Iconic American motorcycle manufacturer Harley-Davidson carries on fighting. In the United States, its biggest market, Harley-Davidson 's sales have been dwindling for the last five years as its baby-boomer consumer base ages. The financial damage triggered by the pandemic and its consequences has further damaged demand from retailers.
With a two-month closure (since resumed) owing to the pandemic combined with an predicted significant fall in revenue attributable to the general slowdown of economic activity, the immediate future may be tough. The company's most recent report on revenue reveals that as of late April, the figures were down about 18 per cent year-over-year.
After years of decline, the beginning of 2020 was eventually optimistic, with global revenue rising 1.5 percent in the first couple of months of the year predicting the Q1 2020 to be the first success since the 12 consecutive drops.
Sadly, COVID-19 entered many countries in March, including the USA , Canada, China, Brazil and Germany, bringing the quarter to end with sales of 40,150 (-16.2 percent). Sales in the United States fell at 23,701 units by 15.7 per cent. Canada lost more than 20 percent and Latam lost 14.0 percent (not including Mexico). Sales declined 42.9 per cent in Europe while China lost 81 per cent in ASIA and Japan was stable. India has lost 83%. Q2 outlook, and no better at all.
The 2020 forecast is pessimistic at best Harley-Davidson will likely deal with the still high concentration of sales in the United States on the podium of the three countries that are paying the highest economic tribute to the COVID-19 pandemic in this and next year. Europe is Harley-davidson's second market and the big sales drop in Q2 will be slowly reversed with a solid turnaround 2021 forecast. Sales in Asia are weak and the pandemic will affect both players in South America much as nothing else has done before. Harley-Davidson risks being more struck in this climate by the "America First" agenda pursued by the new US President.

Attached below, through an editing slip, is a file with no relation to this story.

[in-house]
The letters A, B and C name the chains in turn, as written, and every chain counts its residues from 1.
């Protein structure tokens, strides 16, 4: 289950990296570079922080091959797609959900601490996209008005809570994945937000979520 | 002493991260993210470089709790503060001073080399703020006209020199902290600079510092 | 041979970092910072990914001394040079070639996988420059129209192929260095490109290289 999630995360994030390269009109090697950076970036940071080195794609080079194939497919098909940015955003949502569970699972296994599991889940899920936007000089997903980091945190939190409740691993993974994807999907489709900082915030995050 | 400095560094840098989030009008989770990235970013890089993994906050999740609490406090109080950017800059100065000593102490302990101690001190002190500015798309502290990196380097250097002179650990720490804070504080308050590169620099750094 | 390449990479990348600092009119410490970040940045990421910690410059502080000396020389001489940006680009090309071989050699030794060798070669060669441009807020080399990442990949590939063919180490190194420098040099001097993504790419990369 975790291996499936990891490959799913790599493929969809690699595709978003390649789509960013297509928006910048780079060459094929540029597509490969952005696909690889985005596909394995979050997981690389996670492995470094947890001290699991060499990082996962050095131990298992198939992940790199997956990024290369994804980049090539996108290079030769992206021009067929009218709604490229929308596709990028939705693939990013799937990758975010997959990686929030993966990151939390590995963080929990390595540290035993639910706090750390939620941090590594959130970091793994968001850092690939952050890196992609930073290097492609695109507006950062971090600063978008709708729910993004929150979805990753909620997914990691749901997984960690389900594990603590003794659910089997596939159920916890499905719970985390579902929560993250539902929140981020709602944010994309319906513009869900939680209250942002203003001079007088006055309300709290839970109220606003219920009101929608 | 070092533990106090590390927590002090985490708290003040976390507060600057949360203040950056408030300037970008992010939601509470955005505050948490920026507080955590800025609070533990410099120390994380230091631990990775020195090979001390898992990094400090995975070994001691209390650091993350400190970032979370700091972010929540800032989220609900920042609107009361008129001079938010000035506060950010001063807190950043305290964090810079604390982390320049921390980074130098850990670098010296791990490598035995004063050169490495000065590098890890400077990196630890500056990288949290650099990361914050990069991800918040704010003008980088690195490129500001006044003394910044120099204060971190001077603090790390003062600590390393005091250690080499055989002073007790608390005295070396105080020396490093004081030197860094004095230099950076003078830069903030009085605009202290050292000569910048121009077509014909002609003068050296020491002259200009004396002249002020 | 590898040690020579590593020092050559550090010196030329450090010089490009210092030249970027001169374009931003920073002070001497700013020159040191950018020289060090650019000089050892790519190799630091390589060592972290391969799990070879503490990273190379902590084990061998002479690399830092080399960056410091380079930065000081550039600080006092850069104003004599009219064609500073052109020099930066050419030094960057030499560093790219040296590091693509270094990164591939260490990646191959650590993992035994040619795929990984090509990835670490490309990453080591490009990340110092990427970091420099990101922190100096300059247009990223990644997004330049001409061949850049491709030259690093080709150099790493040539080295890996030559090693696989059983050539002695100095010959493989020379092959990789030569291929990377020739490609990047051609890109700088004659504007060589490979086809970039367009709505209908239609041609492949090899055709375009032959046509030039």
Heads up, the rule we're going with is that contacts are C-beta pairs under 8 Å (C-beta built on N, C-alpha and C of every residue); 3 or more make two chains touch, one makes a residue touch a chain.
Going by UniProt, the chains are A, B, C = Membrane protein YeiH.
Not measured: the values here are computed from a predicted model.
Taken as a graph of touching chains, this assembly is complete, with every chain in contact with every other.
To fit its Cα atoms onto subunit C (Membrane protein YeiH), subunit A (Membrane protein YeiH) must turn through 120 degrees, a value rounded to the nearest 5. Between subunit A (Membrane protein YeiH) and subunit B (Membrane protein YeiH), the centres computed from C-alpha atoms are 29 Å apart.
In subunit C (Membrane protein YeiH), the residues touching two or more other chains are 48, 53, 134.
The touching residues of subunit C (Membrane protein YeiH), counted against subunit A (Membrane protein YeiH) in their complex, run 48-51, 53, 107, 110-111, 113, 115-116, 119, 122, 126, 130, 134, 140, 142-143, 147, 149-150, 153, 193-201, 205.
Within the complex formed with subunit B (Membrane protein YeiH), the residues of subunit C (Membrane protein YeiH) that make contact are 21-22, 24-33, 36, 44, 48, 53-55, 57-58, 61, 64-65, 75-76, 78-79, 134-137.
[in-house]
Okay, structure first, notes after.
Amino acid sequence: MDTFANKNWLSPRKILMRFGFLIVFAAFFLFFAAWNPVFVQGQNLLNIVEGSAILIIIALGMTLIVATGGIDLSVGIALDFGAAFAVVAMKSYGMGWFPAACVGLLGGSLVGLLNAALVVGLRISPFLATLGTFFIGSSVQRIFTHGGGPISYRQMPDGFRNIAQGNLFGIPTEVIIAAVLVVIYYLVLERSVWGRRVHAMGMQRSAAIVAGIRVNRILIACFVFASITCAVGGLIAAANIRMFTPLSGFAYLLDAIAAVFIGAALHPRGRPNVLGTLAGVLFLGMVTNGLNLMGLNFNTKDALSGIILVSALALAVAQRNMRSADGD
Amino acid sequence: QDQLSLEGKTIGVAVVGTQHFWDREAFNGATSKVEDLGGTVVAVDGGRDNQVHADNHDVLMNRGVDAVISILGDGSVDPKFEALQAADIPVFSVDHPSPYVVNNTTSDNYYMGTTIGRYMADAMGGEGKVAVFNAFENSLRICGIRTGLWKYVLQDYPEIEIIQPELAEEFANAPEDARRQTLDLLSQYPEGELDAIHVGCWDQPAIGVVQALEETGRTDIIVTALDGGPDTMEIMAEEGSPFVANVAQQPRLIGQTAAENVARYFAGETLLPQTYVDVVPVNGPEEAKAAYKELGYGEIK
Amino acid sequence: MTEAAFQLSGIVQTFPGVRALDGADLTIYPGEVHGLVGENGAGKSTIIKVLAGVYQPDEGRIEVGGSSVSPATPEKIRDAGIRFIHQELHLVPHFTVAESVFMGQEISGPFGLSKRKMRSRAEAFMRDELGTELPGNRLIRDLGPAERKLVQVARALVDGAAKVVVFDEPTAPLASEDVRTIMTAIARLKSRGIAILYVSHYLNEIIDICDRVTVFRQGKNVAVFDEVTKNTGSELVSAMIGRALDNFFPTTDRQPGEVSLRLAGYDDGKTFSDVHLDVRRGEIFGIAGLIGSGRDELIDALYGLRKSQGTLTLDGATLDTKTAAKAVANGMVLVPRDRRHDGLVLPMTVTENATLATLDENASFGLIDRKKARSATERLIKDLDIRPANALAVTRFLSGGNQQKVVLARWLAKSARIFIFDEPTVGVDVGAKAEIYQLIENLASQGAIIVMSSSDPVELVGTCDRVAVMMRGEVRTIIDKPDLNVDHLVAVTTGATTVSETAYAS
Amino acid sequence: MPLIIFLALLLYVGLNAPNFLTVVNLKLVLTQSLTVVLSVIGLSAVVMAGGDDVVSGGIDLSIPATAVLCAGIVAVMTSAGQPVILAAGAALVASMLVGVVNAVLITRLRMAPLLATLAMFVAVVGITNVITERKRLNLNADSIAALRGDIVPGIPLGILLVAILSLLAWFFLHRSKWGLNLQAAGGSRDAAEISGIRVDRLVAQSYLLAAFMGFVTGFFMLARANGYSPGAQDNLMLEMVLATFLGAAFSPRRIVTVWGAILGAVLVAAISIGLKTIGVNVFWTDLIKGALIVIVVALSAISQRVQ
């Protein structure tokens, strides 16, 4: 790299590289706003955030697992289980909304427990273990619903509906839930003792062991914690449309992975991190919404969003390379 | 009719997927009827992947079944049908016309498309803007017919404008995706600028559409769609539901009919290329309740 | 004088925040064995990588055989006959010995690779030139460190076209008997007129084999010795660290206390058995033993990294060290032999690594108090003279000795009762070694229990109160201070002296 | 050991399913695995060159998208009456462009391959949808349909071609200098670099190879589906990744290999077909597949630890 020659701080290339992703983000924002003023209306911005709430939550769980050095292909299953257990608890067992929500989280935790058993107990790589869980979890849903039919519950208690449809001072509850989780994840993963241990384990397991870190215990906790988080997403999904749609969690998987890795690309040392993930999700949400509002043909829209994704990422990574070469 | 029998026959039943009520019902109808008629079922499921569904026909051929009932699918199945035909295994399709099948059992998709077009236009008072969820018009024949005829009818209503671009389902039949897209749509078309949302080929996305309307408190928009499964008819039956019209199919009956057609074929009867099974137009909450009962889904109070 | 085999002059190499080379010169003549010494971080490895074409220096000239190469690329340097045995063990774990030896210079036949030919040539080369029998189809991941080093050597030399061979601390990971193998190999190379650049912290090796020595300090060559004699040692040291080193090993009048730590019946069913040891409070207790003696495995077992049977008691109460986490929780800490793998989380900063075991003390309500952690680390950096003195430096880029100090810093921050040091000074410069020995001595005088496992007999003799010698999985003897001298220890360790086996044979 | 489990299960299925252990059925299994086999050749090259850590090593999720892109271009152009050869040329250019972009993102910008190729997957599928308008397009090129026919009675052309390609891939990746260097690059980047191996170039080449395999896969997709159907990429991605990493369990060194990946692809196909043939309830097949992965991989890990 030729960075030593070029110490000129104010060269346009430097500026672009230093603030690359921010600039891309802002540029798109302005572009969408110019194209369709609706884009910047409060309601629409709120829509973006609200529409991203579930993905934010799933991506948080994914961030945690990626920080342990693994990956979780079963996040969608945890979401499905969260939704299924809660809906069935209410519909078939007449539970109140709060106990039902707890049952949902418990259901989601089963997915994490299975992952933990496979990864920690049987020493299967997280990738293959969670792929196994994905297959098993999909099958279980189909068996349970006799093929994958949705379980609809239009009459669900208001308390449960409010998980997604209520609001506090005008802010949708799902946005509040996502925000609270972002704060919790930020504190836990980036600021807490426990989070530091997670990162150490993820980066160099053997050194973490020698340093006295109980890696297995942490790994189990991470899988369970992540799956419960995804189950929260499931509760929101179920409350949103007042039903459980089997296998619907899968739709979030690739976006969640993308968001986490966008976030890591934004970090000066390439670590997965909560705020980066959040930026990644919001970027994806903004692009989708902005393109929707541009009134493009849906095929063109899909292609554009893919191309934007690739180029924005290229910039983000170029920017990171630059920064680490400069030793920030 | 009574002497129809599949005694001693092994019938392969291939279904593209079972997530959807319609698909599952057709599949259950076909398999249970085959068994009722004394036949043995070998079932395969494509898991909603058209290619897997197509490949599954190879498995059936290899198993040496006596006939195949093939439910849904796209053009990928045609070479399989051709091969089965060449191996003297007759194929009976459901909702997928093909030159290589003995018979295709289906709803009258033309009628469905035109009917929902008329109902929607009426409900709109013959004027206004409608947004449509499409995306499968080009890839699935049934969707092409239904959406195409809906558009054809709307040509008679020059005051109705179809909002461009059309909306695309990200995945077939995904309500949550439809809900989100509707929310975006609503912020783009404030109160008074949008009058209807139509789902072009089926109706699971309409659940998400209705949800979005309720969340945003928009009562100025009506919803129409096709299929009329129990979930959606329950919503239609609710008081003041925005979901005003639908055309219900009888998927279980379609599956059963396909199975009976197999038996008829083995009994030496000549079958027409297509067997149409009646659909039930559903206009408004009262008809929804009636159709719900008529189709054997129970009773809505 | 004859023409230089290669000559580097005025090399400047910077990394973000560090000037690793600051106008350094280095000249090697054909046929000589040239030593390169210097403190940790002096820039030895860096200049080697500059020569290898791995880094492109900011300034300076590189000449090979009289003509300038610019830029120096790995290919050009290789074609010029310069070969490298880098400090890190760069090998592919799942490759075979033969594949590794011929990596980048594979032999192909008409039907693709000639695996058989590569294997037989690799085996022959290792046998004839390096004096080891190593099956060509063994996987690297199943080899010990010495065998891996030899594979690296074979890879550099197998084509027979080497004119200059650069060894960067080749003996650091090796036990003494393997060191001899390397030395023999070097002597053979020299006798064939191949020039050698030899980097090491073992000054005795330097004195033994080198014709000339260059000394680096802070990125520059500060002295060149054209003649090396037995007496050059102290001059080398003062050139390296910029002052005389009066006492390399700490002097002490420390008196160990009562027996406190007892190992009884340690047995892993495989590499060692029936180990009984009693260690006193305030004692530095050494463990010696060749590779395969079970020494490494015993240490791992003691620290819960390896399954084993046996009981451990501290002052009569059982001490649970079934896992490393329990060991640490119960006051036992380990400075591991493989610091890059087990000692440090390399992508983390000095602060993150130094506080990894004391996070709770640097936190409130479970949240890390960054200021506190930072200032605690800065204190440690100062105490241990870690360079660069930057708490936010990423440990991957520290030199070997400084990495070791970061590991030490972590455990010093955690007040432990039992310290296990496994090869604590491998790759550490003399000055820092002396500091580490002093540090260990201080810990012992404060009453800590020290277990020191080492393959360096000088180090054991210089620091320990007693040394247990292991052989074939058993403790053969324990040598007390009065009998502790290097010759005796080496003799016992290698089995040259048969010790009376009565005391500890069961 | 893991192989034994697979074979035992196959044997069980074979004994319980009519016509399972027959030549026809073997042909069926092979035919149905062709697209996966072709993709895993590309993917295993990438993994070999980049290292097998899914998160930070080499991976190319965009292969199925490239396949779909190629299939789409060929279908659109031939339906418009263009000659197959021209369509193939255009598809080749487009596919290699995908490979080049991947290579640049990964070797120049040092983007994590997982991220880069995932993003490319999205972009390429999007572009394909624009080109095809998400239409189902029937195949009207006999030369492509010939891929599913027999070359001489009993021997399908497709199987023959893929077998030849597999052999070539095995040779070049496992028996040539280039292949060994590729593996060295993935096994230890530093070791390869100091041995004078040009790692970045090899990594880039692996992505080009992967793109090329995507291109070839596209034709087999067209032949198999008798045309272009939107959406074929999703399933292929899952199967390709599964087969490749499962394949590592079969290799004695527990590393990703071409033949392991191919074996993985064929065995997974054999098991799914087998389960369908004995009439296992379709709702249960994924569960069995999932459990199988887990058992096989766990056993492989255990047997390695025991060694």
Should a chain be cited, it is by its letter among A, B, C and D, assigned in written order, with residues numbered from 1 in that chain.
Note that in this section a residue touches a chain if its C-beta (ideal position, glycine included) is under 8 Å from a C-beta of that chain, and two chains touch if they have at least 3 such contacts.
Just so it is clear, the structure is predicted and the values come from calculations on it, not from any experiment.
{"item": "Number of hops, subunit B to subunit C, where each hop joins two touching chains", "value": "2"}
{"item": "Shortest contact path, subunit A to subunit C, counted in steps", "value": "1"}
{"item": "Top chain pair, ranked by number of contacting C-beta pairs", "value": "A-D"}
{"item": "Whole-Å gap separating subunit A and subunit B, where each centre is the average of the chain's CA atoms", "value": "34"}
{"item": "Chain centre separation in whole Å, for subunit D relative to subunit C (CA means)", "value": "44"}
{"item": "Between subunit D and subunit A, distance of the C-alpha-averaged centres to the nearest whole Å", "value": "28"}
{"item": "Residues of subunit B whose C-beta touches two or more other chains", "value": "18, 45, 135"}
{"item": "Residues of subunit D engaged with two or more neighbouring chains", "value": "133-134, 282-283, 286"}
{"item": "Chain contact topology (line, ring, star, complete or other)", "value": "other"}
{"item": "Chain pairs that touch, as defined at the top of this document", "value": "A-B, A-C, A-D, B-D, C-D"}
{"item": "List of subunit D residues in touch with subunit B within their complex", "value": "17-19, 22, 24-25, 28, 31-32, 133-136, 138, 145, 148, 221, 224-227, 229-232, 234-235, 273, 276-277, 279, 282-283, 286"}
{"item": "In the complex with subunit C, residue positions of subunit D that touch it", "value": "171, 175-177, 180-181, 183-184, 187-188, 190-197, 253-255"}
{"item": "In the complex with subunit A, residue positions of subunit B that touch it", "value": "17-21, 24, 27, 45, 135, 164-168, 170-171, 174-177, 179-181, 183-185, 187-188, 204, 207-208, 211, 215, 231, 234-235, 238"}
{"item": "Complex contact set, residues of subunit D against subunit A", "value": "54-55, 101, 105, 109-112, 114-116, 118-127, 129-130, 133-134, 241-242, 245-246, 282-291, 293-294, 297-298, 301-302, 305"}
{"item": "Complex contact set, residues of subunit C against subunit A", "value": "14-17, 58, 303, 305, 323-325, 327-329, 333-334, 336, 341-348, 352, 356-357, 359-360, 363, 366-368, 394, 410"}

The real estimate for the entire 2020 global revenue is for 160,000 units, down one fourth from the accomplishment of the previous year and the 11th decrease in a row.
Until around the coronavirus and COVID-19 epidemic, the heavyweight cruiser manufacturer from Milwaukee, Wisconsin-and a fully electric variant-had been on a sales and stock price decline for many years as the firm looked for new customers. Recently, the company was restored by Polaris outdoor adventure gear and entered the demand for Harley while drawing new riders for their Scout and FTR versions.
Under the direction of now retired CEO Mark Levatich, Harley went on a bold flight of fancy into the realm of hybrid cars and unveiled two years ago the all-new LiveWire motorcycle. While the bike itself received positive reviews, a price tag close to $30,000 has been a difficult sell as competitors in the electric motorcycle room like Zero are offering versions of equivalent performance for about a third less.
Until Levatich quit the company, the CEO said more hybrid vehicles were on the way, including motorcycles, as Harley is often called. New CEO Jochen Zeitz, who took over in February, a long-time member of the board, who is lauded for turning around the near-bankrupt business of the Puma brand, laid out his restructuring strategy, which he labeled "The Rewire," which aims to make Harley leaner and more efficient. It aims to reset product lines, focus on the core strengths of the business and prioritize profitable markets.
The firm has recently announced it will lay off 500 employees this year as part of Zeitz 's plans to restart the troubled motorcycle manufacturer. Harley said the steps would set the groundwork for a five-year turnaround plan to boost the fourth quarter revenues that the firm plans to share. Over total, the move would remove 700 regional positions. That will result in a restructuring charge of $50 million in 2020, including $42 million in the 2nd quarter. Although it is estimated that the redesign would be finished before the end of the year, Harley said it will definitely incur further turnaround charges in 2021.
Part of the new conundrum of Harley is a perfect storm with a declining mainstream client base, pricey bikes, and youth with heavy debt, myriad travel choices, and poor brand loyalty.
Throughout the years, Harley-Davidson has sought to expand its overseas markets, and progress has been high alongside its financial arm, but slumping total revenues have dropped the company's market value to below $4 billion, or about half of what the S&P 500 uses as the threshold to make the list